Care circles energize members' experience of God
The "care circles" at Garden of Grace UCC in Columbia, S.C., are small groups that meet twice-monthly on weeknights.
Originally, the groups — led either by lay leaders or Associate Pastor Candace Chellew-Hodge — followed a common curriculum. But as each Circle gelled as a group, their unique needs and visions began to take form.
While one circle is geared towards families with children, another group might choose a book to study and discuss. For Chellew-Hodge, what started as an innocent book discussion quickly transformed into discussing some issues that really got a few of the members squirming uncomfortably in their seats.
"I guess I still miss seminary, where you can sit around and talk about your beliefs and nobody says, 'That means you're not a Christian!' You were trying to seek that understanding and ask those hard questions and not get kicked out of the faith!"
Some in Chellew-Hodge's care circle fell away, and she saw a new need emerging in the group that remained. Chellew-Hodge says the group good-naturedly referred to themselves as "The Heretic Group."
"But we figured we couldn't be the only ones who were struggling with these questions about our faith," Chellew-Hodge says. So she introduced the "Living the Questions" series, a 21-week series of video and discussion developed by two United Methodist ministers in Phoenix, Ariz.
"It's been an amazing experience," says Chellew-Hodge. "It gives a place where people can come and express their doubts or questions and not feel some judgment will be made against them for the place in their faith where they are. We're all on that path somewhere."
Chellew-Hodge says the care circles are gradually changing the dynamic of the congregation. "[Parishioners] come to church on Sunday morning and want to hear the Word of God from the preacher. As a pastor, I want to know what the Word from the Lord is from you! Because God isn't just talking to me."
At a recent Care Circle meeting, Chellew-Hodge and the group tackled the questions about the Bible, and she prepared herself for some thought-provoking discussion.
"Sometimes we give the Bible to people and say, 'Read it,' without any further instructions. Or we preach from it without context. So you get people sitting around the table saying, 'What do you mean the disciples maybe didn't write the gospels? What do you mean perhaps the crucifixion accounts aren't eyewitnesses?'" says Chellew-Hodge. "What do you make of all the years of councils and theologies laid on top of the Bible? How do you sort through it, and what does it mean to you after that?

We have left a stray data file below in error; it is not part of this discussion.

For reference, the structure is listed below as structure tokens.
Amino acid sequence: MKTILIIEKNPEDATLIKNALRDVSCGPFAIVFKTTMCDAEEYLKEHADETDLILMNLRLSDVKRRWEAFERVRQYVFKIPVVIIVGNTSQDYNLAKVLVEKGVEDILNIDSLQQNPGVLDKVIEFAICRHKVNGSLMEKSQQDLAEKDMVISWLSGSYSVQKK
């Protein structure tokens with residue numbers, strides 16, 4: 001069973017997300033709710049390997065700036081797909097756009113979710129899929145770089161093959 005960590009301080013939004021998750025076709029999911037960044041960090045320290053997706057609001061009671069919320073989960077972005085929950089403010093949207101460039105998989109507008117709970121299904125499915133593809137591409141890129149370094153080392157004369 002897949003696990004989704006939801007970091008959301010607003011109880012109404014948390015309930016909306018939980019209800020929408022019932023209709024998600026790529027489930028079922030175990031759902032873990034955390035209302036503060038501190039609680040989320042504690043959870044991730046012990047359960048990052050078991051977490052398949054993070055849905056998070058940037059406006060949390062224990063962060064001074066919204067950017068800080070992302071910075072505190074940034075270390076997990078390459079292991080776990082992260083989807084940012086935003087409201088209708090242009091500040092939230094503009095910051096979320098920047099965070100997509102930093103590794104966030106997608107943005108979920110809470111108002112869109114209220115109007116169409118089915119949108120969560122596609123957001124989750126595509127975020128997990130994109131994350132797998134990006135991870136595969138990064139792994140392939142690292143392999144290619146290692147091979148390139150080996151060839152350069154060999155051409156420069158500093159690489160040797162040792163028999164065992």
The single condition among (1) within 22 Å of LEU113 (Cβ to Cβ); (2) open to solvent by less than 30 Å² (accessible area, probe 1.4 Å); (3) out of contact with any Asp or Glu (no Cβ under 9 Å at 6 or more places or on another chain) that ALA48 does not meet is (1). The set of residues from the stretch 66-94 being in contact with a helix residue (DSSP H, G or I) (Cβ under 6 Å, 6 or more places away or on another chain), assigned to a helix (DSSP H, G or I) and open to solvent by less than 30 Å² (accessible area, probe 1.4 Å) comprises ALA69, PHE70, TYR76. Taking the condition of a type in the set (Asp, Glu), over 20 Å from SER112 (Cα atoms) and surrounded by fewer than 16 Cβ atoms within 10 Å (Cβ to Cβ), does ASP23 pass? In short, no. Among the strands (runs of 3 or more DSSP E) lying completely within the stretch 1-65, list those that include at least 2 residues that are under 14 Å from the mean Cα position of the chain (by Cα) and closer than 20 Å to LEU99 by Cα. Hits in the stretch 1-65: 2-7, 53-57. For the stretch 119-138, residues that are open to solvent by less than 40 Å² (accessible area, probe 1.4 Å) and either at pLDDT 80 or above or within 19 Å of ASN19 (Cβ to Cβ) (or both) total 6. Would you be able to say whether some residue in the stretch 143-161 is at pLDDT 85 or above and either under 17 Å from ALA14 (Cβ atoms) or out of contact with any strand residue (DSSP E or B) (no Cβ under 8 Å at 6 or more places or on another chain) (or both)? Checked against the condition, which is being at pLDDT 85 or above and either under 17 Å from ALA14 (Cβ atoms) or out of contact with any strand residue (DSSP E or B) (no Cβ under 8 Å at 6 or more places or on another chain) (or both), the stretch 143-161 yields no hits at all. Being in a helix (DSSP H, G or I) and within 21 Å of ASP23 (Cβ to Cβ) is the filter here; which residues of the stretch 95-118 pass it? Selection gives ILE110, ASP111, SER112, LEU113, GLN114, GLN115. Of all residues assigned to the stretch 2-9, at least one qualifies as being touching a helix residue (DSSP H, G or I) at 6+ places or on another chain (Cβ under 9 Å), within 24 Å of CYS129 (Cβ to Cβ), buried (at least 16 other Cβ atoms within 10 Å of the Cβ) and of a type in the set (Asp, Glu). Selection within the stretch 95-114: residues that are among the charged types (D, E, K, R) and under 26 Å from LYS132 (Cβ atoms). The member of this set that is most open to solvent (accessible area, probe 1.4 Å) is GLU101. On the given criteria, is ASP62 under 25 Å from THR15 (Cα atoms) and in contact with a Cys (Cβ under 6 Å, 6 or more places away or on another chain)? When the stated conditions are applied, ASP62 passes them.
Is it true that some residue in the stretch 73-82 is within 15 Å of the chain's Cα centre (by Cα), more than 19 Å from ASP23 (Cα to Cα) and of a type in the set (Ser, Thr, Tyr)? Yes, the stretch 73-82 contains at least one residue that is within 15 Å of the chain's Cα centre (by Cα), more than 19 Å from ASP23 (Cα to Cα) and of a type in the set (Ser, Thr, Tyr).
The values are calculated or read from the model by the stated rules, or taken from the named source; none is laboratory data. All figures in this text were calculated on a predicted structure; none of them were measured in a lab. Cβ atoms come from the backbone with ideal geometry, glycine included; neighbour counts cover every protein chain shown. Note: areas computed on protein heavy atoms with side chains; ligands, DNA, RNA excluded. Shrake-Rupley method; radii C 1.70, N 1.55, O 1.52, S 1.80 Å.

"We have a very conservative fellow in our class. We're saying things about this book he's held dear that he's never heard before. This is rocking his world! Much to his credit, he's hanging in there."
Chellew-Hodge is energized by hearing the stories, hearing the ways God is working in people's lives.
"I have the privilege of sitting in rooms with incredible people, hearing incredible stories about God," she says. "[Care circles] are a way people can feel that their experience of God matters. And their experience of God is important … and worthy of sharing."
'Lay Academy' builds capacity, energy for ministry
The Wisconsin Conference's successful Lay Academy, currently in its 14th year, has hit a chord among faithful Christians in the UCC who are searching for more meaning and understanding to round out their faith journeys.
The central course of study, "Faith Foundations," is a two-year program consisting of five weekends per year, and has proven to be the popular and consistently attended.
"I think there is a deep hunger," says the Rev. Gail O'Neal, Associate Conference Minister. "All Christians are hungry to grow deeper in faith and to study the Bible. I think the UCC has a particular willingness to learn and to discuss, to bring their doubts to the table and to explore together what it means to be the body of Christ."
The Lay Academy courses are held at the Conference Center in DeForest, and attendance is growing steadily. What makes the courses unique, says O'Neal, is that many of them are taught by professors from seminaries, such as UCC-related Chicago, United, and Eden, as well as UCC-related Pacific School of Religion.
"People are amazed to have this kind of access," says O'Neal. "It's a little intimidating to think a seminary professor who is a scholar in the New Testament is going to be teaching these things."